Sam Altman’s Return To OpenAI Highlights Urgent Need For Trust And Diversity

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OpenAI’s announcement last night apparently resolved the saga that has beset it for the last five days: It is bringing back Sam Altman as CEO, and it has agreed on three initial board members – and more is to come.

However, as more details emerge from sources about what set off the chaos at the company in the first place, it’s clear the company needs to shore up a trust issue that may potentially bedevil Altman as a result of his recent actions at the company. It’s also not clear how it intends to clean up remaining thorny governance issues, including its board structure and mandate, that have become confusing and even contradictory. 

For enterprise decision makers, who are watching this saga, and wondering what this all means to them, and about the credibility of OpenAI going forward, it’s worth looking at the details of how we got here. After doing so, here’s where I’ve come to: The outcome, at least as it looks right now, heralds OpenAI’s continued shift toward a more aggressive stance as a product-oriented business. I predict that OpenAI’s position as a serious contender in providing full-service AI products for enterprises, a role that demands trust and optimal safety, may diminish. However, its language models, specifically ChatGPT and GPT-4, will likely remain highly popular among developers and continue to be used as APIs in a wide range of AI products.

More on that in a second, but first a look at the trust factor that hangs over the company, and how it needs to be dealt with.

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The good news is that the company has made strong headway by appointing some very credible initial board members, Bret Taylor and Lawrence Summers, and putting some strong guardrails in place. The outgoing board has insisted that an investigation be made into Altman’s leadership. It has also blocked Altman and his co-founder Greg Brockman’s return to the board, and has insisted that new board members be strong enough to be able to stand up to Altman, according to the New York Times.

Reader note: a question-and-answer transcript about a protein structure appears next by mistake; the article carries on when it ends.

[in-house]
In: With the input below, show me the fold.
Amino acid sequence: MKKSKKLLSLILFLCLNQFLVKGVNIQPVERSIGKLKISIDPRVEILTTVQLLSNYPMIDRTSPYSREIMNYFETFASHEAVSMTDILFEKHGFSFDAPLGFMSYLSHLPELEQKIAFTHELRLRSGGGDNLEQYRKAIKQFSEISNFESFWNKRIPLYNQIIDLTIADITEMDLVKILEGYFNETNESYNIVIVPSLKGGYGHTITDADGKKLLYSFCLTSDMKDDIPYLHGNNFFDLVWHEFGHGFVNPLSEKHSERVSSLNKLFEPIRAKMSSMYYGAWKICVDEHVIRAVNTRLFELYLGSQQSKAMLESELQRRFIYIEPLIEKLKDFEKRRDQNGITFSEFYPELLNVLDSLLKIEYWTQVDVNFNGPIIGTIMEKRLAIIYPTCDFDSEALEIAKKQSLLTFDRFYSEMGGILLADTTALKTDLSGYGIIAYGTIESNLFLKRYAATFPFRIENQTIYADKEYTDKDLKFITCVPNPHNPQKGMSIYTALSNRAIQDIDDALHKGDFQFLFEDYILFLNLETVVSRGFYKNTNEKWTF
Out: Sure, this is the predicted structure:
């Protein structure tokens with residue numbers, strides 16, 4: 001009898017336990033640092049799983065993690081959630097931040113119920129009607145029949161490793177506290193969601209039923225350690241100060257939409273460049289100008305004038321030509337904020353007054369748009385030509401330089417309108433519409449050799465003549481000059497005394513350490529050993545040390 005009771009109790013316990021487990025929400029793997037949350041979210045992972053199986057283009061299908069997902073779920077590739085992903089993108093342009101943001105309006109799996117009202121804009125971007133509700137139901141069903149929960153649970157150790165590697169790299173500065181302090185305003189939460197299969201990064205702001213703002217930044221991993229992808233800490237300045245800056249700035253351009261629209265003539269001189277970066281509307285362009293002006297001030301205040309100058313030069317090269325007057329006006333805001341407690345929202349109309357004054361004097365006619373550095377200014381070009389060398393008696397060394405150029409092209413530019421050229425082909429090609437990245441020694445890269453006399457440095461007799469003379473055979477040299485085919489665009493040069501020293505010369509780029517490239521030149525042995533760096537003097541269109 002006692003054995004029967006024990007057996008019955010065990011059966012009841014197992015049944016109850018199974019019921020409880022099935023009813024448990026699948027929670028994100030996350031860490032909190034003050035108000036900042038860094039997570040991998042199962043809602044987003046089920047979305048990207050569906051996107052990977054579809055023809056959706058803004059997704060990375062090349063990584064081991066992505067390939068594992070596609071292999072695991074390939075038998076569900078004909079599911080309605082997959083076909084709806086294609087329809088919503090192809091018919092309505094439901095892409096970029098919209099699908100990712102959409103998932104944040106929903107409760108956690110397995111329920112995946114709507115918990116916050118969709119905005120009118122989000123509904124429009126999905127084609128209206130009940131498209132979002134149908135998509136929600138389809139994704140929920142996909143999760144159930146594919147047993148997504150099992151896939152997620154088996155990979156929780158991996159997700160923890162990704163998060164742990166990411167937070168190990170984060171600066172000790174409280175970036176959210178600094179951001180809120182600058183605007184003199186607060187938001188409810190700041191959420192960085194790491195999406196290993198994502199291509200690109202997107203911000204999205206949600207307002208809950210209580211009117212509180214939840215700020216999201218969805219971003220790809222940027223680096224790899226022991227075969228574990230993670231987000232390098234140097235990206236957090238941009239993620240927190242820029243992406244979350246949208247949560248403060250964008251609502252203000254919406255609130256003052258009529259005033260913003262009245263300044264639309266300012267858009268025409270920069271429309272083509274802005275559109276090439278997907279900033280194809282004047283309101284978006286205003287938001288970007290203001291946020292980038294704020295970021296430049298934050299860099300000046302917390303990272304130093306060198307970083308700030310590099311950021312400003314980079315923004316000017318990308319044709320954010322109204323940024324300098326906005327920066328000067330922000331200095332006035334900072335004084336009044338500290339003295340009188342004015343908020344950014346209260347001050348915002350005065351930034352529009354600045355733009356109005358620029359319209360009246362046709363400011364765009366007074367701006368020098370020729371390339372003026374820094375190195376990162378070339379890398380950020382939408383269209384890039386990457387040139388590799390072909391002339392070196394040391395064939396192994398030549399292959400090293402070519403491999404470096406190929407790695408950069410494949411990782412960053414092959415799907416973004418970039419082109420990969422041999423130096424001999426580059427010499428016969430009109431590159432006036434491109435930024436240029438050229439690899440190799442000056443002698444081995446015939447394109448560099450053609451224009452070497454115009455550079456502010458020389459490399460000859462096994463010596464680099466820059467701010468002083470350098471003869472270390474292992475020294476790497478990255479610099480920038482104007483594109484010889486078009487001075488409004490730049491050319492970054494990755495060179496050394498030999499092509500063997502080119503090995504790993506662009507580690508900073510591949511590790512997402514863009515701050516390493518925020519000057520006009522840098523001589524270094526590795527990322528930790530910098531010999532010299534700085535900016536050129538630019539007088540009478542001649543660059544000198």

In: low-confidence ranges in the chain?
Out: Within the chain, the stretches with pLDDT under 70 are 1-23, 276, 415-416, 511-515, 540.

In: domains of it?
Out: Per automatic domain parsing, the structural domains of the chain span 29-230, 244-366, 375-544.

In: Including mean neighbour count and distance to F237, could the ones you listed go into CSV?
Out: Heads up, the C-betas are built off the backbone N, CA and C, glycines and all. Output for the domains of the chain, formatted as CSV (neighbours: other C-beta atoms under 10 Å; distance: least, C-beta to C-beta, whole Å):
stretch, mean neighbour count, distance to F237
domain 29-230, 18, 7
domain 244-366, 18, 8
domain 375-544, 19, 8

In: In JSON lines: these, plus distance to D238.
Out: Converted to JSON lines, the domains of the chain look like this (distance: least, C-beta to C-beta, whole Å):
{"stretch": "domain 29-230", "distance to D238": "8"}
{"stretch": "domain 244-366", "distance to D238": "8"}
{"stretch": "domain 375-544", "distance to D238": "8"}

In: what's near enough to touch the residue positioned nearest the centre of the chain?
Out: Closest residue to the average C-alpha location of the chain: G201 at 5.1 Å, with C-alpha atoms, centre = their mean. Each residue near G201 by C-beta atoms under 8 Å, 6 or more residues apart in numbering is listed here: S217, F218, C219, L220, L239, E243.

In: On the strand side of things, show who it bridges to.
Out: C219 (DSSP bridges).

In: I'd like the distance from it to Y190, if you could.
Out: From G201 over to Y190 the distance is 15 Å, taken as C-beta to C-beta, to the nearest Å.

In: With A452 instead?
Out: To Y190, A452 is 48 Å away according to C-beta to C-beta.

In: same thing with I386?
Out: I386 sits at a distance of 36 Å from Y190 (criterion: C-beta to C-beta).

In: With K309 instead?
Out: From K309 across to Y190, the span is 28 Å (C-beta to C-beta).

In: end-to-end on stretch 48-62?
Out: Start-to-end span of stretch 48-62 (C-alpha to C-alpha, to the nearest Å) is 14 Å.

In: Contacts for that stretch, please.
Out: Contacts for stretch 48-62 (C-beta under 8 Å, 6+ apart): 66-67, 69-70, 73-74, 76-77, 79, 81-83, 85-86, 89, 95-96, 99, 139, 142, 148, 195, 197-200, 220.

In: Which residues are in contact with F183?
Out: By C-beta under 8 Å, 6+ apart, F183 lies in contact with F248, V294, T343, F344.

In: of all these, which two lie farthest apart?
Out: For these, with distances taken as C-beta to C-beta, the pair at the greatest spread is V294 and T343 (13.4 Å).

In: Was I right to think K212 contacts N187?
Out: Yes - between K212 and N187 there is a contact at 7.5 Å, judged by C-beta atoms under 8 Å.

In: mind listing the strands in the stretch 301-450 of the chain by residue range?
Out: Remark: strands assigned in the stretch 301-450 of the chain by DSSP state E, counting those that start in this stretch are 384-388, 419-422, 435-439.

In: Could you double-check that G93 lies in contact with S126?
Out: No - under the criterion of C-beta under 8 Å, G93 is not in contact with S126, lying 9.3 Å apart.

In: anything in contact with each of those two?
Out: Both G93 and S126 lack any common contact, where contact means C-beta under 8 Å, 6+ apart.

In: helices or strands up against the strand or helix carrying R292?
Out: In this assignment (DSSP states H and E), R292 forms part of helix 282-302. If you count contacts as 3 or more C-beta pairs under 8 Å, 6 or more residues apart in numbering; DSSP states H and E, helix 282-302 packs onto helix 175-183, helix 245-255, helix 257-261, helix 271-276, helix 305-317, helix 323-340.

Altman’s criticism of board member Helen Toner’s work on AI safety

One of the main spark points for the board’s wrath against Altman reportedly came in October, when Altman criticized one of the board members, Helen Toner, because he thought a paper she had written was critical of Open AI, according to earlier reporting by the Times.

In the paper, Toner, a director of strategy at Georgetown University’s Center for Security and Emerging Technology, included a three-page section that was a detailed and earnest account of the way OpenAI and a major competitor Anthropic approached the release of their latest large language models (LLMs) in March of 2023. OpenAI chose to release its model, in contrast with Anthropic, which chose to delay its model, called Claude, because of concerns about safety.